By NEIL HARTNELL
Tribune Business Editor
Total Hurricane Matthew insurance payouts will “absolutely” total a nine-figure sum, a leading businessman yesterday saying “the only question” is how big the first digit will be.
Sir Franklyn Wilson, RoyalStar Assurance’s chairman, told Tribune Business that collective insured losses in the Bahamas would almost certainly exceed $200 million.
“I think we’re talking about a lot,” he replied, when asked about the likely level of Matthew-related claims, adding that the total would “absolutely” be in the hundreds of millions of dollars.
“The only question is the first figure in the nine,” Sir Franklyn continued. “I’m sure that figure, for the industry, will exceed ‘2’. Is it $300 million, $400 million?
“I’m almost positive it’s a nine-figure sum and it’s more than $200 million. Is it $300 million, $400 million, $500 million?”
Anton Saunders, RoyalStar’s managing director, was more circumspect about estimated insured losses and payouts, describing Matthew as “a very difficult storm to put a figure on at this time”.
He did, though, agree with his Bahamas First counterpart, Patrick Ward, who told The Tribune on Monday that Hurricane Matthew was likely to produce the largest collective insured loss/payout in Bahamian history.
“It definitely will be,” Anton Saunders told Tribune Business. “I don’t think he’s [Mr Ward] going to be far off.
“Not since 1929 have we had a hurricane that hit Nassau and Freeport, the two most populated areas and ones that are built up the most.”
Although Freeport, in its present form, did not come into being for several more decades, the insurance industry losses will be exacerbated by both Matthew’s path and its strength.
Few storms, especially one of Matthew’s Category Three/Four strength, strike both the Bahamas’ main cities, the last one to achieve this being Hurricane Frances in 2004.
Nassau and Freeport also have the highest penetration of insurance coverage, given their respective levels of population density and economic activity.
RoyalStar, in common with many other property and casualty underwriters, opened its offices yesterday despite the National Heroes Day holiday to being receiving and assessing storm claims.
“I know the number of claims in Freeport so far was about 100, and in Nassau it’s about 80, which we have seen and had reported,” Anton Saunders said.
“Because it’s a holiday, we are not sure that the word is out sufficiently that we are open, so we have to see in the normal business days to come what the influx will be.
“We’re expecting a little more this week, the flow will increase, and we will have a very good idea on the residential property portfolio side what we can expect by the end of the week.”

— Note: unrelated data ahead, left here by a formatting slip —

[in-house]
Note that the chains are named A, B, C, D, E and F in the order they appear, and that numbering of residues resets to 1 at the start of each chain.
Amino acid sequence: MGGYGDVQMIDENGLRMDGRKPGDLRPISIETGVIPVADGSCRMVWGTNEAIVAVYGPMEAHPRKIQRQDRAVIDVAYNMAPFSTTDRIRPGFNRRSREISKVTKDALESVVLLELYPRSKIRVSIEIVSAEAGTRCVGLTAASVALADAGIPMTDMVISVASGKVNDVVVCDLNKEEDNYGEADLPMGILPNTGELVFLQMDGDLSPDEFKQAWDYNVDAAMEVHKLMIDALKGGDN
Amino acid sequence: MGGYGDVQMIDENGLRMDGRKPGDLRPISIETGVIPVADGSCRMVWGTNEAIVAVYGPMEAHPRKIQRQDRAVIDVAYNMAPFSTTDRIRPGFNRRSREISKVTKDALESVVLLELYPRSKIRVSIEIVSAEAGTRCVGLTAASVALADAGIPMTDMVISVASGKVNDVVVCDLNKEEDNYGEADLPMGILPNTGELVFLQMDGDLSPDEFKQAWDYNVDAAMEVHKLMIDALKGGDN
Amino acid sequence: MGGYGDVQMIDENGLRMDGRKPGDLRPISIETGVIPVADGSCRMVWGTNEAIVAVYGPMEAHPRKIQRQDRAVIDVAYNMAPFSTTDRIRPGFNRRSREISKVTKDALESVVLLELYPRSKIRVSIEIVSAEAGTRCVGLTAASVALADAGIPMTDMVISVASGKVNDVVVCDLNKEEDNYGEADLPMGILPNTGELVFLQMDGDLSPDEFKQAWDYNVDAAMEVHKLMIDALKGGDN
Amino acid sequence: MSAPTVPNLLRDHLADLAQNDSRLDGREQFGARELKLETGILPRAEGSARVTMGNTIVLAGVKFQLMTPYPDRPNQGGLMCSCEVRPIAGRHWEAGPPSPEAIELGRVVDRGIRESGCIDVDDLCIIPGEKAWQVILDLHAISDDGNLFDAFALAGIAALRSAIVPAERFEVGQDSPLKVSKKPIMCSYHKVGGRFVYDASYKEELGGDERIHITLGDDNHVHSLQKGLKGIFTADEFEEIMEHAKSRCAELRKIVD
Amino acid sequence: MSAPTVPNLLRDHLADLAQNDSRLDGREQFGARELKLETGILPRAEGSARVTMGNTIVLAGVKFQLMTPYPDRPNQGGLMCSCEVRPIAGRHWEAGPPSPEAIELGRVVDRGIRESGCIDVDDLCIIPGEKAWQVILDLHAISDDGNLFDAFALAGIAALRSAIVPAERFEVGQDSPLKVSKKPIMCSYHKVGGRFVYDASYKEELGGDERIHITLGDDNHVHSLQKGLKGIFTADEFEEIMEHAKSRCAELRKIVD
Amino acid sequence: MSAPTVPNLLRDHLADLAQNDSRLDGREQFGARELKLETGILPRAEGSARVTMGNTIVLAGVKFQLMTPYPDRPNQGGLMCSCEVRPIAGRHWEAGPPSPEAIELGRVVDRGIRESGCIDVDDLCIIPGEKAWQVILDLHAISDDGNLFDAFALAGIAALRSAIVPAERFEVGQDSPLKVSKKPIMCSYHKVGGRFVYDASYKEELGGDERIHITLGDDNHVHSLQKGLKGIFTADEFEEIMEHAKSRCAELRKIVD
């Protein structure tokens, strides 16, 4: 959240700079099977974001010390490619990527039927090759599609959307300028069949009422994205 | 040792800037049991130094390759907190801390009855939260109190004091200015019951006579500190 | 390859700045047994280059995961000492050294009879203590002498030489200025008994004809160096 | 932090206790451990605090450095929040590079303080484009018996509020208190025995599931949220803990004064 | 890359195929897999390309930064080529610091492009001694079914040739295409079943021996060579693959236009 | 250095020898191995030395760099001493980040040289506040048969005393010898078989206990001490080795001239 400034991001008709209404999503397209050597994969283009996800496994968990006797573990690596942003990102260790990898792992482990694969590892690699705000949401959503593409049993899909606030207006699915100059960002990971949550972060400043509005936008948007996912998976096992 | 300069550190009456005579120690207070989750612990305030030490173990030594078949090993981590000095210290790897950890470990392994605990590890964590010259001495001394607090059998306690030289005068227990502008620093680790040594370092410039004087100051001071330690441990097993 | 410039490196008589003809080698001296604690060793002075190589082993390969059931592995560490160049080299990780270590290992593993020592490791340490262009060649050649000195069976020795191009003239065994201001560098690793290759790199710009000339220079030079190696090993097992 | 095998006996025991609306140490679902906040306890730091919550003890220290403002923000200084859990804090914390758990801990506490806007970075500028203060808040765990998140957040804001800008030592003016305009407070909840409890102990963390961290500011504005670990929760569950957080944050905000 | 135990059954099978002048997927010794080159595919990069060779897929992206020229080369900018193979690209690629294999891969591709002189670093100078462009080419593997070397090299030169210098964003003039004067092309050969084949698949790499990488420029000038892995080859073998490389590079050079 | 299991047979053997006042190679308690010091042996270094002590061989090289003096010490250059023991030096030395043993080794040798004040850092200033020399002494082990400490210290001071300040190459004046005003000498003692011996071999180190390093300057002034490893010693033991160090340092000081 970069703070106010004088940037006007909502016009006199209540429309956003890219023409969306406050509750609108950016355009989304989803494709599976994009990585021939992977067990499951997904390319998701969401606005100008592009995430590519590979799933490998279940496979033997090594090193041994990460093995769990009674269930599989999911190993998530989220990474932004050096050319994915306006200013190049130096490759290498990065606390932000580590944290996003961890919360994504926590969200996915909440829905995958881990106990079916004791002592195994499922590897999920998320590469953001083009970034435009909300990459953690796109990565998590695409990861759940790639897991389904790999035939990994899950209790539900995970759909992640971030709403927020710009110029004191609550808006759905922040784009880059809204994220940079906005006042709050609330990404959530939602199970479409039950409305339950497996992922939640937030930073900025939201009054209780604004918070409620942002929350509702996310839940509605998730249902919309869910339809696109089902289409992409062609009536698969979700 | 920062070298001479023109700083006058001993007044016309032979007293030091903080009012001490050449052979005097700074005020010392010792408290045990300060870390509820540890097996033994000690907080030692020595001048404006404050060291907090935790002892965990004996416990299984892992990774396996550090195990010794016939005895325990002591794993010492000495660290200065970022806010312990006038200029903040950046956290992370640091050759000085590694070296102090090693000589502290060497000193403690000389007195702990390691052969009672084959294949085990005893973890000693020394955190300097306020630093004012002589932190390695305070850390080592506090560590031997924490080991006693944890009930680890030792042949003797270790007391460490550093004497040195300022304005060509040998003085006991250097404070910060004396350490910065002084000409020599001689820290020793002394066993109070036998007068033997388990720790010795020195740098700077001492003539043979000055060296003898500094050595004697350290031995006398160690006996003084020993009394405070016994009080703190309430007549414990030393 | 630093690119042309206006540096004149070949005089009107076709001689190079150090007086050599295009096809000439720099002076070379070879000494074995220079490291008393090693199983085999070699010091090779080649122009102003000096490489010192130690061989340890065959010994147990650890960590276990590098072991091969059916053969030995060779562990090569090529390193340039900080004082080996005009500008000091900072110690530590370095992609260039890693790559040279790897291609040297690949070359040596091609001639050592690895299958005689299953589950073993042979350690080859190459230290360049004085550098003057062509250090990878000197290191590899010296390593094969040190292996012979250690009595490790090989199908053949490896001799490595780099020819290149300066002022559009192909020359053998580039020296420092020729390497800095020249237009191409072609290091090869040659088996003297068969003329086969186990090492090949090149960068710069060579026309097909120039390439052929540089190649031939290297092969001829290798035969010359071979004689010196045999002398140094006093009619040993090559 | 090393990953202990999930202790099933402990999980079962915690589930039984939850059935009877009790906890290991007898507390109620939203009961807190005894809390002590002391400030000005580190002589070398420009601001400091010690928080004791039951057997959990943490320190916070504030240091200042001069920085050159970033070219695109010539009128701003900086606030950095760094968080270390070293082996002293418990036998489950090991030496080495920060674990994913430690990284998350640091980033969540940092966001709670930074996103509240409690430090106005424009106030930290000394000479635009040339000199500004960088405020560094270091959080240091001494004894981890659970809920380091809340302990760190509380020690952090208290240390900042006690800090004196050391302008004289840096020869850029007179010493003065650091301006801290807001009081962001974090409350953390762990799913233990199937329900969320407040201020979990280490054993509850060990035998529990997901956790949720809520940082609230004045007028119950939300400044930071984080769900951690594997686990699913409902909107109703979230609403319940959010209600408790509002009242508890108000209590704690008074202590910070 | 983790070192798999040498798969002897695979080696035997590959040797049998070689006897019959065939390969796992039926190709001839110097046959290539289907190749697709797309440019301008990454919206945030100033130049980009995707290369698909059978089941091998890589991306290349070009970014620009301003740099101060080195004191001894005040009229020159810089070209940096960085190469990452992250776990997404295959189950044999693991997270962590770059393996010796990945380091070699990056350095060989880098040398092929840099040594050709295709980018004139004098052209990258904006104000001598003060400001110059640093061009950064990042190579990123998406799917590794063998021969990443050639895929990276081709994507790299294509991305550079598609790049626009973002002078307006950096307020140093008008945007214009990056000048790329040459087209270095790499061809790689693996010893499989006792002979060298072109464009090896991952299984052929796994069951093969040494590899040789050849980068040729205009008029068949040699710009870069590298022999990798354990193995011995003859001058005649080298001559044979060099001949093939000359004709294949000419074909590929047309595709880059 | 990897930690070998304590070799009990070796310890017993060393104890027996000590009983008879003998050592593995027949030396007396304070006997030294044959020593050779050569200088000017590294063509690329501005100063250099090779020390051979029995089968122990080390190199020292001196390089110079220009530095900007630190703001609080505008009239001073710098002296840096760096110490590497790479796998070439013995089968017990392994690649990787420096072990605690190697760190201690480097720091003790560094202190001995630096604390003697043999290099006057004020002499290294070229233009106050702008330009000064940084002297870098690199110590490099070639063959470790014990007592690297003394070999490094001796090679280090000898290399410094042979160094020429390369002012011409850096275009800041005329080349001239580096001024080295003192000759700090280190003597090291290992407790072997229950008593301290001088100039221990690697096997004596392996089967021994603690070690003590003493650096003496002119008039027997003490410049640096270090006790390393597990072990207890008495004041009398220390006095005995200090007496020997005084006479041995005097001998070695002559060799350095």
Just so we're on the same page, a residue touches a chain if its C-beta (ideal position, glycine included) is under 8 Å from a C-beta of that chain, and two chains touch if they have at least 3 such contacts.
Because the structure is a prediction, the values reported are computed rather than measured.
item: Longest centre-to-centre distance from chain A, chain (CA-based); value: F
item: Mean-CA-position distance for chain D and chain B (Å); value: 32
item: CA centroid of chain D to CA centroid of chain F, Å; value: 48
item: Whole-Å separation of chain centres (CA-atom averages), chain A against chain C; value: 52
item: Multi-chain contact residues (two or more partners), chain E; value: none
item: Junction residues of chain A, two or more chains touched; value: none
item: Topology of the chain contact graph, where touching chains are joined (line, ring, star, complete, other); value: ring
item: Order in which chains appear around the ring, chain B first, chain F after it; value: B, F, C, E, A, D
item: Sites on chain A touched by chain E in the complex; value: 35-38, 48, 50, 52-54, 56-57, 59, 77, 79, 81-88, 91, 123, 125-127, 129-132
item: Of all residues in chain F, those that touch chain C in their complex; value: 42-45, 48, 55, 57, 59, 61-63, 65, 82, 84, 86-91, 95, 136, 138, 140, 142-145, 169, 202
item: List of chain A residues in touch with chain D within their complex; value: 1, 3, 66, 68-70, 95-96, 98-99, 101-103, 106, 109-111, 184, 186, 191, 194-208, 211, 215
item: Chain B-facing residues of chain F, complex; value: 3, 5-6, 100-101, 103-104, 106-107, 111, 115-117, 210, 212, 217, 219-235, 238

Anton Saunders said “the severe losses” on New Providence were expected to be concentrated in the island’s south-east, which was hard-hit by flooding stemming from Matthew’s storm surge.
The RoyalStar chief said it typically took longer for businesses to submit their hurricane-related insurance claims, as they were more concerned with securing their premises and inventory for a return to operational status.
He revealed, though, that the Bahamian property and casualty industry was concerned about “the timing” of the multi-million dollar Value-Added Tax (VAT) reimbursement it will be due on the Matthew claims payout.
“All of us are concerned about the VAT element, and how that is dealt with efficiently between us and the Government,” Anton Saunders told Tribune Business.
“All insurance is VAT-able, and the Government will have to reimburse the insurance companies for the VAT that is incurred on these claims.
“That number is going to be dependent on the size of the loss; anywhere between 7 to 7.5 per cent.”
Anton Saunders said the Government would likely reclaim the VAT insurance reimbursement through the recovery-related purchases made by those receiving claims payouts.
“It’s question of timing,” he explained. “The industry is going to be concerned about the timing of these reimbursements. You can’t expect the industry to fund your part of the 7.5 per cent. The whole industry will hopefully have a meeting with the Government, and go forward from there.”
Cedric Saunders, Insurance Management’s principal, also told Tribune Business that the Bahamian insurance industry was “looking at fairly large numbers” for Matthew-related claims payouts.
“We’re having a lot of people coming in and calling in,” he said of claims being reported to the company’s head office yesterday. “I think that will continue for the next week or so.
“We’ve got a lot of damage, but it could have been worse. We had a meeting this morning, and with very limited information it’s very hard to assess the amounts. I don’t think anyone at this time can provide the true numbers. I think you’re going to be looking at pretty large numbers.”